Vinyl records spin back into vogue
By Brian Passey, USA TODAY

Updated 3h 27m ago |

CEDAR CITY, Utah As both a music lover and record store owner, Tim Cretsinger is excited about the recent resurgence of vinyl record albums.

"This is my favorite thing to do hold a batch of records like this," Cretsinger, owner of Groovacious in Cedar City, Utah, says as he hugged a stack of new records close to his chest. "It reminds me of the old days."

The old days are making a comeback.

According to recent Nielsen SoundScan numbers, vinyl was the fastest-growing musical format in 2010, with 2.8 million units sold, the format's best year since SoundScan began tracking sales in 1991.

Vinyl's increase in popularity is providing a beacon of hope for independent record stores an industry that has suffered with the increase of digital downloads this past decade.

When Cretsinger moved his business from Keiser, Ore., to Cedar City in 2000 there were two other record stores in the college town of about 28,000. Now, the closest independent record store is in Las Vegas, 175 miles away.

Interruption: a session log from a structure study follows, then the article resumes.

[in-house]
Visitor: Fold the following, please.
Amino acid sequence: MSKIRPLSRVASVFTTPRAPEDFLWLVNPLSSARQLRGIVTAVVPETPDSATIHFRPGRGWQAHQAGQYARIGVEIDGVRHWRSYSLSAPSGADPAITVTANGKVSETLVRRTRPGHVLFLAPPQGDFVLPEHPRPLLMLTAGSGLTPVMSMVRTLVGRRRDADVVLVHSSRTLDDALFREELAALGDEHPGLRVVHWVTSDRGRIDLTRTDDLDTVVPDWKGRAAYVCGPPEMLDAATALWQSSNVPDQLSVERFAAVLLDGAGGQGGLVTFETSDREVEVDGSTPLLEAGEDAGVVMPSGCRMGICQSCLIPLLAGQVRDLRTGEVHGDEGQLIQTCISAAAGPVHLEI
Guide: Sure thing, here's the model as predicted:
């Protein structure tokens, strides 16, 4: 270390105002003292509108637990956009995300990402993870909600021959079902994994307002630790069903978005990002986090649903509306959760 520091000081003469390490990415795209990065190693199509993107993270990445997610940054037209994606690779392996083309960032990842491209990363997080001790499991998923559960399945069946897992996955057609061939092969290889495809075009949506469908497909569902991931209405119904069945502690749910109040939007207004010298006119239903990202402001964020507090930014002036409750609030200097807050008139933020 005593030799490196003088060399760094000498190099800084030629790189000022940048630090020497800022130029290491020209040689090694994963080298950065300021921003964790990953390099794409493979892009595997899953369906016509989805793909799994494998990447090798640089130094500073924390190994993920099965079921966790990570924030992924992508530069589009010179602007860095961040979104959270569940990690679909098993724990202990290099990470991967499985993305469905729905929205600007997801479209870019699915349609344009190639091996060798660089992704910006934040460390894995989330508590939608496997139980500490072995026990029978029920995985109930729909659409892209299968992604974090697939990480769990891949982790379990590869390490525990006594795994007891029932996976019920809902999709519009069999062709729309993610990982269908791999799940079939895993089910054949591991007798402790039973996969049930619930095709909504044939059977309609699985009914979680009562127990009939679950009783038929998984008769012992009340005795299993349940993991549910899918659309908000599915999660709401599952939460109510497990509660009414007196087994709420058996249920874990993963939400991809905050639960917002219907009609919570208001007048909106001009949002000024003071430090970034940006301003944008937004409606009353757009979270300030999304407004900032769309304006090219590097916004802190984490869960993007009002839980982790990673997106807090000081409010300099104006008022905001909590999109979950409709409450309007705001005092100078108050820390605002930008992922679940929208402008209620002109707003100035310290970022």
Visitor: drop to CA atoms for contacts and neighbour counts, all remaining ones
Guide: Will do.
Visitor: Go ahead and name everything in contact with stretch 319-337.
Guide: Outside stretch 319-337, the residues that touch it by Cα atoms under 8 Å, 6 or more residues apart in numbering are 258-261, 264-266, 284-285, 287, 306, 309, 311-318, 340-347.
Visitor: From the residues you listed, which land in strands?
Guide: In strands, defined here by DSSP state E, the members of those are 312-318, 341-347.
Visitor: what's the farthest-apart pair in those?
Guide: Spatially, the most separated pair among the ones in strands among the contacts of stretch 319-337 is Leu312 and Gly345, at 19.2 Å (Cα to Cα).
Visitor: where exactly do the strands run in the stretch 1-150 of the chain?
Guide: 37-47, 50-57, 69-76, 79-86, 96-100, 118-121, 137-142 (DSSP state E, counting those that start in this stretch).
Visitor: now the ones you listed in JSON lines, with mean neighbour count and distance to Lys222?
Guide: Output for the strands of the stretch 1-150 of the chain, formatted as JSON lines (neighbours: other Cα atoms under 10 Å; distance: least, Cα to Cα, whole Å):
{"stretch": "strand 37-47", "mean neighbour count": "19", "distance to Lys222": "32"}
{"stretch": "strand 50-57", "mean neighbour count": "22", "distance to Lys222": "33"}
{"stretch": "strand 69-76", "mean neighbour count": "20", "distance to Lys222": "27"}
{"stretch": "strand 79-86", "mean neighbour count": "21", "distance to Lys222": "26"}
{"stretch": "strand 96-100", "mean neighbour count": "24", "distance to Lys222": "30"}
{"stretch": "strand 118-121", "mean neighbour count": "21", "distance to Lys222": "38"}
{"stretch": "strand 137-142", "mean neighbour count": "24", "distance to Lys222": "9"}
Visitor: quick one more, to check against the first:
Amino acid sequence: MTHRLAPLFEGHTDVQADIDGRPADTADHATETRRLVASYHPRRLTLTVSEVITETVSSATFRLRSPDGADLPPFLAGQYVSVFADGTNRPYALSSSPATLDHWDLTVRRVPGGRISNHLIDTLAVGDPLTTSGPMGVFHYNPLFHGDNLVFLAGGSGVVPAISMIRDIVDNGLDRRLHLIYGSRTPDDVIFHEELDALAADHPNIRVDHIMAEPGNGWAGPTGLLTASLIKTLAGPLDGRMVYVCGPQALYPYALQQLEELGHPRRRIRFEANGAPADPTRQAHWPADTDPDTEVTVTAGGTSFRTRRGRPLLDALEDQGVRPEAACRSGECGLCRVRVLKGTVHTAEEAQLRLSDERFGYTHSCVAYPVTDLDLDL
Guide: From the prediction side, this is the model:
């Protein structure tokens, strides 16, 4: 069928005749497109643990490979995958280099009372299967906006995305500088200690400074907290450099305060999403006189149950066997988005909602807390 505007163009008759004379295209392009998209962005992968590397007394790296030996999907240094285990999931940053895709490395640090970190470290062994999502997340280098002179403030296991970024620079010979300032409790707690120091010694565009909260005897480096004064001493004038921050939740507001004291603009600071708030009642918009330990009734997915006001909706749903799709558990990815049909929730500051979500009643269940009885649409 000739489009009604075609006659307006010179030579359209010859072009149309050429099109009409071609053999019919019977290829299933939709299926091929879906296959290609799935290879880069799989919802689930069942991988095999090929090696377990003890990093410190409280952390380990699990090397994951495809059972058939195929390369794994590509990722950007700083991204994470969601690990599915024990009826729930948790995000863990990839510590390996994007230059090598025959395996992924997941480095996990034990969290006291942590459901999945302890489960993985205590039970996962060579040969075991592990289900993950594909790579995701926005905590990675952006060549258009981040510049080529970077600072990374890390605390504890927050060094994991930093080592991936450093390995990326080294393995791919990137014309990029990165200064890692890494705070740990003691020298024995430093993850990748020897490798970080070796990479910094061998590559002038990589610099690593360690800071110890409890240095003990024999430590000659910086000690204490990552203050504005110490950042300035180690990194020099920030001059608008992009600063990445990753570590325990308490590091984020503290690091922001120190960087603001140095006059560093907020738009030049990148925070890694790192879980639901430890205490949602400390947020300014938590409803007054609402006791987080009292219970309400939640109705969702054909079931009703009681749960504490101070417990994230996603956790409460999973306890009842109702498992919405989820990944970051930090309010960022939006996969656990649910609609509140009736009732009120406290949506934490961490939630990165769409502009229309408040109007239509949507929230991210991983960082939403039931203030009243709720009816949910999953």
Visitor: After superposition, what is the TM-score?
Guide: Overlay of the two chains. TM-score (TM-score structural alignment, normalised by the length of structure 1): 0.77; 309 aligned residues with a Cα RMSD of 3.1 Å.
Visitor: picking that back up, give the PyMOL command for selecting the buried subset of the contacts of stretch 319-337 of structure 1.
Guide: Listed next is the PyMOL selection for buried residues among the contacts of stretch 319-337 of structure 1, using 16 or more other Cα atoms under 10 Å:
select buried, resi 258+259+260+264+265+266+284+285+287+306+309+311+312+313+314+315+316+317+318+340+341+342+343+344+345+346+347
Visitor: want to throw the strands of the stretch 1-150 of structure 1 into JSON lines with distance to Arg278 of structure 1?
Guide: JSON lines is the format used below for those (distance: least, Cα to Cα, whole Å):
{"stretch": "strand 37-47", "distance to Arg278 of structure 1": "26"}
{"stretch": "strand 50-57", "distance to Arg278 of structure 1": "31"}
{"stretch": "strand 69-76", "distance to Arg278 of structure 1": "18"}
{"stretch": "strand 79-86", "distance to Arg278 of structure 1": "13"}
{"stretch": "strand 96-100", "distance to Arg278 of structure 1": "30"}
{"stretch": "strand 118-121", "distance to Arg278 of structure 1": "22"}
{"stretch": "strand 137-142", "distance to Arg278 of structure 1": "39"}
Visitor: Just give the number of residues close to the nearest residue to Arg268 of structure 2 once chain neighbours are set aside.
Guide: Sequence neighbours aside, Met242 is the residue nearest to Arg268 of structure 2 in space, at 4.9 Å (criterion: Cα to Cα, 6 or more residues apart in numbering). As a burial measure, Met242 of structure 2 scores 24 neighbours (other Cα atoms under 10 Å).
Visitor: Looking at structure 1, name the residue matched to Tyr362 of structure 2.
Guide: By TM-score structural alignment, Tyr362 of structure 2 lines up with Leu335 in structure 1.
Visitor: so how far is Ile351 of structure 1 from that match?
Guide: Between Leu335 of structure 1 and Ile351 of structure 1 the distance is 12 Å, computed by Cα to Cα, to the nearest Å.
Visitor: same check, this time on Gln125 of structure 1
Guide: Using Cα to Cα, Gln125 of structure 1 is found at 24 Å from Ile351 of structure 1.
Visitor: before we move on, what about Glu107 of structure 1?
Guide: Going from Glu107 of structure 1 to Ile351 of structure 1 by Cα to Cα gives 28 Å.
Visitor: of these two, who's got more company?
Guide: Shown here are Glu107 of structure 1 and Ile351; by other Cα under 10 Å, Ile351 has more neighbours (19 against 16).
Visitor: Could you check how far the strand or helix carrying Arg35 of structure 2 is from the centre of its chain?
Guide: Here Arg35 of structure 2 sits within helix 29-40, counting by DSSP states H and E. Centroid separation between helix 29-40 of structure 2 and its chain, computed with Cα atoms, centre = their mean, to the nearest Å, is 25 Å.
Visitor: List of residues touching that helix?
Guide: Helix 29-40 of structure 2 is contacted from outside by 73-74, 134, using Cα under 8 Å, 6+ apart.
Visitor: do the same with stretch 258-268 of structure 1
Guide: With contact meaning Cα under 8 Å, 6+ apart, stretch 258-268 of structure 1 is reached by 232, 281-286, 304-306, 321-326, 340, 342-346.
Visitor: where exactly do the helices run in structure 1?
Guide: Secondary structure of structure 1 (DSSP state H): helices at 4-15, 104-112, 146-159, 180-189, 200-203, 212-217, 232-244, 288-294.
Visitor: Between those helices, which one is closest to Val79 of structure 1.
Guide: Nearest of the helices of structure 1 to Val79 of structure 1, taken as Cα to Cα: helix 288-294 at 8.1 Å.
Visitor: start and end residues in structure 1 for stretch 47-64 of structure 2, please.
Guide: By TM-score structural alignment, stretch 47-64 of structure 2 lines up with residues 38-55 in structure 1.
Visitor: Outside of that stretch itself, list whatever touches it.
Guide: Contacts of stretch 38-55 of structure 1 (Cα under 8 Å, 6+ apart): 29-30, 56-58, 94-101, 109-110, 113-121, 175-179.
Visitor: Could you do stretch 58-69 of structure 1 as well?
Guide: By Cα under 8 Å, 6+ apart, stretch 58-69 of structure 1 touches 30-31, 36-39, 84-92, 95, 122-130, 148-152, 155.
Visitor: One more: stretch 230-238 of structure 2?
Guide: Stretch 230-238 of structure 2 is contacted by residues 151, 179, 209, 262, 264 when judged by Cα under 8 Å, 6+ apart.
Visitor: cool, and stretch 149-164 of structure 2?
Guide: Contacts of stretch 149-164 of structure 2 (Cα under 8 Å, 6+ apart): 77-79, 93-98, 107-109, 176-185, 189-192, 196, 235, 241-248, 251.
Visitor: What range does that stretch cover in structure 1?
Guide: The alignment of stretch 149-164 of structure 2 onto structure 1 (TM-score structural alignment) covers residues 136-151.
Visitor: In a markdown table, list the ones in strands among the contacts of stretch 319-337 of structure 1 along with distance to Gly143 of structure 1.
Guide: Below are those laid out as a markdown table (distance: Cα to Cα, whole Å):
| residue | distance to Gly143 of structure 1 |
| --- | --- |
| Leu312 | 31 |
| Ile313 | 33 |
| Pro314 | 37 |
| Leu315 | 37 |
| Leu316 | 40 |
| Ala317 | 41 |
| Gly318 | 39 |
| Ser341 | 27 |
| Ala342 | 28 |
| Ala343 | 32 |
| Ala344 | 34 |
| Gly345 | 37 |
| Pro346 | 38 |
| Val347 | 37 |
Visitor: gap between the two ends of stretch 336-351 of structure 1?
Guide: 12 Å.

"Vinyl seems to be the light at the end of the tunnel for those of us who have hung in there," he says. "It's kind of a surprising light at the end of the tunnel. It's incredibly exciting."

Not only have vinyl album sales picked up, but the interest in record players has increased as well. Cretsinger said he got tired of directing his customers to other businesses where they could purchase turntables, so he began offering a small selection at his store in January.

Like Groovacious, Plan 9 Music stores in Richmond and Charlottesville, Va., are fairly new to the turntable market, but have offered vinyl records since the first store opened in 1981, says owner Jim Bland. Although he never quit selling vinyl, Bland says sales were slow for many years as CDs dominated the market.

However, as CD sales plummeted in recent years, Plan 9 Music found itself with some open space on the floor. That empty space is now back to the basics.

"It's filled in with vinyl," Bland says.
More at the link.

USA Today